Skip to content

Voters Requesting Absentee Ballots for June Primaries

ANDERSON, SC (April 23, 2020) – Absentee voting for the Statewide Primaries is being considered by more voters than before. COVID-19 pandemic along with social distancing guidelines and stay at home orders have voters concerned about how to cast their ballots safely.

Absentee voting by mail is one option for voters who are age 65 and older, who has a disability, who is a caregiver, or who can’t go to the polls due to their job. If you meet one of these or any of the other qualifying reasons, you can vote early by absentee ballot. “In addition, we are asking voters that would normally vote curbside at the polls to consider voting absentee by mail. They qualify,” said Katy Smith, Director.

As of today, nearly 600 absentee ballots had been requested in the county. The Anderson County Election Board wants you to know how to vote absentee and the deadlines for doing so.

One Way to Vote Absentee:
By Mail – Voters should consider U.S. Postal Service transit times in choosing to vote absentee by mail. First class mail may take 2-5 days to arrive at its destination. Do not delay. Make requests now.

Step 1: Get an absentee application in one of two ways:
· Get the application online at Follow this link to get your application online. To get your application online, you must be able to print your application.
· Request an application from your county voter registration office by: Phone (864)260-4035, Mail to PO Box 8002, Anderson, SC 29622, Email at, or Fax (864) 260-4203. You will be mailed an application.

Step 2: Complete and sign the application.

Step 3: Mail, fax or email the application to your county voter registration office as soon as possible. Voters who return applications will be mailed a ballot as soon as they are available.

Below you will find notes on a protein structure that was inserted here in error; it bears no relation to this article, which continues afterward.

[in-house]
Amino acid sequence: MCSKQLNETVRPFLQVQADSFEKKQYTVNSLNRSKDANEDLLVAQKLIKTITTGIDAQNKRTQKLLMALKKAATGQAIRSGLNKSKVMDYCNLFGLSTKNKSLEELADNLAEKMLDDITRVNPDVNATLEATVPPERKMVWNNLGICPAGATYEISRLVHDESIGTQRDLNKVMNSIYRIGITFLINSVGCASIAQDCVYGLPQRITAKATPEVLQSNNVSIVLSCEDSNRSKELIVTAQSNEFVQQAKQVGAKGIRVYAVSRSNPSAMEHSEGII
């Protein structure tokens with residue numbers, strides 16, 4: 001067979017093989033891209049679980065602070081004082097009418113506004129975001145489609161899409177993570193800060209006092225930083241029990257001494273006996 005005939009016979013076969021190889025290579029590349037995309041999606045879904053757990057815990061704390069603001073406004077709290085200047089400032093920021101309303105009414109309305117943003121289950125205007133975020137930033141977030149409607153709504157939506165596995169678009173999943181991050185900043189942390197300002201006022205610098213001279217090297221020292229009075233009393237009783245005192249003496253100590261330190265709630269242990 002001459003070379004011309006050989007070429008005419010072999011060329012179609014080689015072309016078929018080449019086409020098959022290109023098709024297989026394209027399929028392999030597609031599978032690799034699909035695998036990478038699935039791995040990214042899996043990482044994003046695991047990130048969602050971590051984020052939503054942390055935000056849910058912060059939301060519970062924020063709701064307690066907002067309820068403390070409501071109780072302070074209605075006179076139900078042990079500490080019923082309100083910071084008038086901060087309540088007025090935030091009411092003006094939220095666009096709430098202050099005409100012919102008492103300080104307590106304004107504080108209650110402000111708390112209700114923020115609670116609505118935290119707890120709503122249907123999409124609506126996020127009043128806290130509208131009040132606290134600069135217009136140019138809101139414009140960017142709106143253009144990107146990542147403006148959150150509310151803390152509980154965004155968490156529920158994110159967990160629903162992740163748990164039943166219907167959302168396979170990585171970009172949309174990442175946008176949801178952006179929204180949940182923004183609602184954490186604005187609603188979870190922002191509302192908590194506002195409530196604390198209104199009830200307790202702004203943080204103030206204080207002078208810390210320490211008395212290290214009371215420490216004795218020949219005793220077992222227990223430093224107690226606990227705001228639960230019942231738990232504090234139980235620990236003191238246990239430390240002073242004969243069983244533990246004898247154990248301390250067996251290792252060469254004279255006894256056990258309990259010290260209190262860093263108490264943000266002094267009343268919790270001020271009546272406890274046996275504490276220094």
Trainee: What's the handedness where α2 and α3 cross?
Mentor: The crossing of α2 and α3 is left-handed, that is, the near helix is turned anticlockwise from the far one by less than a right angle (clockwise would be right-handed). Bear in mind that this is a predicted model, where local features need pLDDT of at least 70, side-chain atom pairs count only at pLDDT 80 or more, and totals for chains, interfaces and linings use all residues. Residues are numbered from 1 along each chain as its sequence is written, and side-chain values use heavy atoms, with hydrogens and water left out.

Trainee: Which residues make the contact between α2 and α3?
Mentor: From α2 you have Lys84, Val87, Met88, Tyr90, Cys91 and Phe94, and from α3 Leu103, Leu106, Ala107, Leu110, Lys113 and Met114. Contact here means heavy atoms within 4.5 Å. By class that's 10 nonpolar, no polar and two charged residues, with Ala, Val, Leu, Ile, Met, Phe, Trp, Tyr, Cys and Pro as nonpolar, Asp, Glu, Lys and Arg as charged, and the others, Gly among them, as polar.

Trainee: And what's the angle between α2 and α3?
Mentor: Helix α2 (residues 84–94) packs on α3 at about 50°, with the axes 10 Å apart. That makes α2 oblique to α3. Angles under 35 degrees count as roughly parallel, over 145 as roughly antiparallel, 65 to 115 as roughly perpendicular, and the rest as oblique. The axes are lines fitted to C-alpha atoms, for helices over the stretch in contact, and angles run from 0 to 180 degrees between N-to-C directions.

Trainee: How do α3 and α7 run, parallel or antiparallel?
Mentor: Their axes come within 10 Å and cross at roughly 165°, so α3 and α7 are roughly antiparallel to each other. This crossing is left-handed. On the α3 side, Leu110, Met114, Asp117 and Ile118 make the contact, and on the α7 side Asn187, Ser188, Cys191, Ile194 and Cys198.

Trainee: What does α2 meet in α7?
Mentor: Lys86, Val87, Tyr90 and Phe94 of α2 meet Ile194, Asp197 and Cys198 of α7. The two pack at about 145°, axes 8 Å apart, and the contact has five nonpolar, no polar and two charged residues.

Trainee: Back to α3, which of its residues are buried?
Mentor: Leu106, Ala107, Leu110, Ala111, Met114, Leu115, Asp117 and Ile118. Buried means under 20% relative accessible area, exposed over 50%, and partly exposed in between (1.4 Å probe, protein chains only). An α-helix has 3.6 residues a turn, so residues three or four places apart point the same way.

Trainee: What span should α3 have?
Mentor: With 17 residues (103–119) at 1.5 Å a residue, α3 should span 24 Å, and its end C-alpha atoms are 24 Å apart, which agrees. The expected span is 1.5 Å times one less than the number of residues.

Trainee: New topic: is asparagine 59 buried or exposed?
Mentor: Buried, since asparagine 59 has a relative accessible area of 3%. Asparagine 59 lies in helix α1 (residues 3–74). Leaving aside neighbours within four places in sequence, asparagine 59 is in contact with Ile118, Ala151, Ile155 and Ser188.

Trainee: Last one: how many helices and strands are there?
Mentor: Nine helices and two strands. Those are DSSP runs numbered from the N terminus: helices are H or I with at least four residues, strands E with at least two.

Step 4: Vote the ballot following ballot instructions and return it to your county voter registration office no later than 7:00 p.m. on June 8. You may return the ballot to our office in person or by mail.

Voting absentee by mail is clearly a safer alternative to casting a ballot for those voters that are vulnerable or concerned of possible exposure. “If this is a consideration and option for a voter then I encourage them to go ahead and make their requests today and not wait,” said Smith.

The second option is voting absentee in-person. This is scheduled to begin in May at the election office.

In Person – Visit your county elections office, complete an application, and cast your ballot. You may vote absentee in person up until 5:00 p.m. on Monday, June 8.

Times- Modified times of operation will be in place until the Governor’s Executive Order has been lifted and a directive has been issued by Administration.

Social Distancing Guideline – Limited numbers of no more than 5 voters will be allowed in the lobby area to be processed. No more than 5 voters will be in the absentee area at one time to cast their ballot. Any and all voters in line waiting to enter the building will be encouraged to allow 6 feet of social distancing.

Click here for historical statistics on voter registration, voter turnout, and absentee voting.

Voters can find more information on absentee voting, check their absentee ballot status, check their voter registration, and get a sample ballot at

Voters qualified to vote by absentee ballot:
1. Students attending school outside their county of residence and their spouses and dependents.
2. Members of the Armed Forces or Merchant Marine serving outside their county of residence and their spouses and dependents residing with them (click here for additional information).
3. Persons serving with the American Red Cross or United Service Organizations (USO) serving with the Armed Forces outside their county of residence and their spouses and dependents (click here for additional information).
4. Persons who, for reasons of employment, will not be able to vote on election day.
5. Physically disabled persons.
6. Government employees serving outside their county of residence on Election Day and their spouses and dependents residing with them.
7. Persons with a death or funeral in the family within three days before the election.
8. Persons who plan to be on vacation outside their county of residence on Election Day.
9. Certified poll watchers, poll managers, and county election officials working on Election Day.
10. Overseas Citizens (click here for additional information).
11. Persons attending sick or physically disabled persons.
12. Persons admitted to the hospital as emergency patients on Election Day or within a four-day period before the election.
13. Persons serving as a juror in state or federal court on Election Day.
14. Persons sixty-five years of age or older.
15. Persons confined to a jail or pre-trial facility pending disposition of arrest or trial.


This page was last modified in June 2020.

Scroll To Top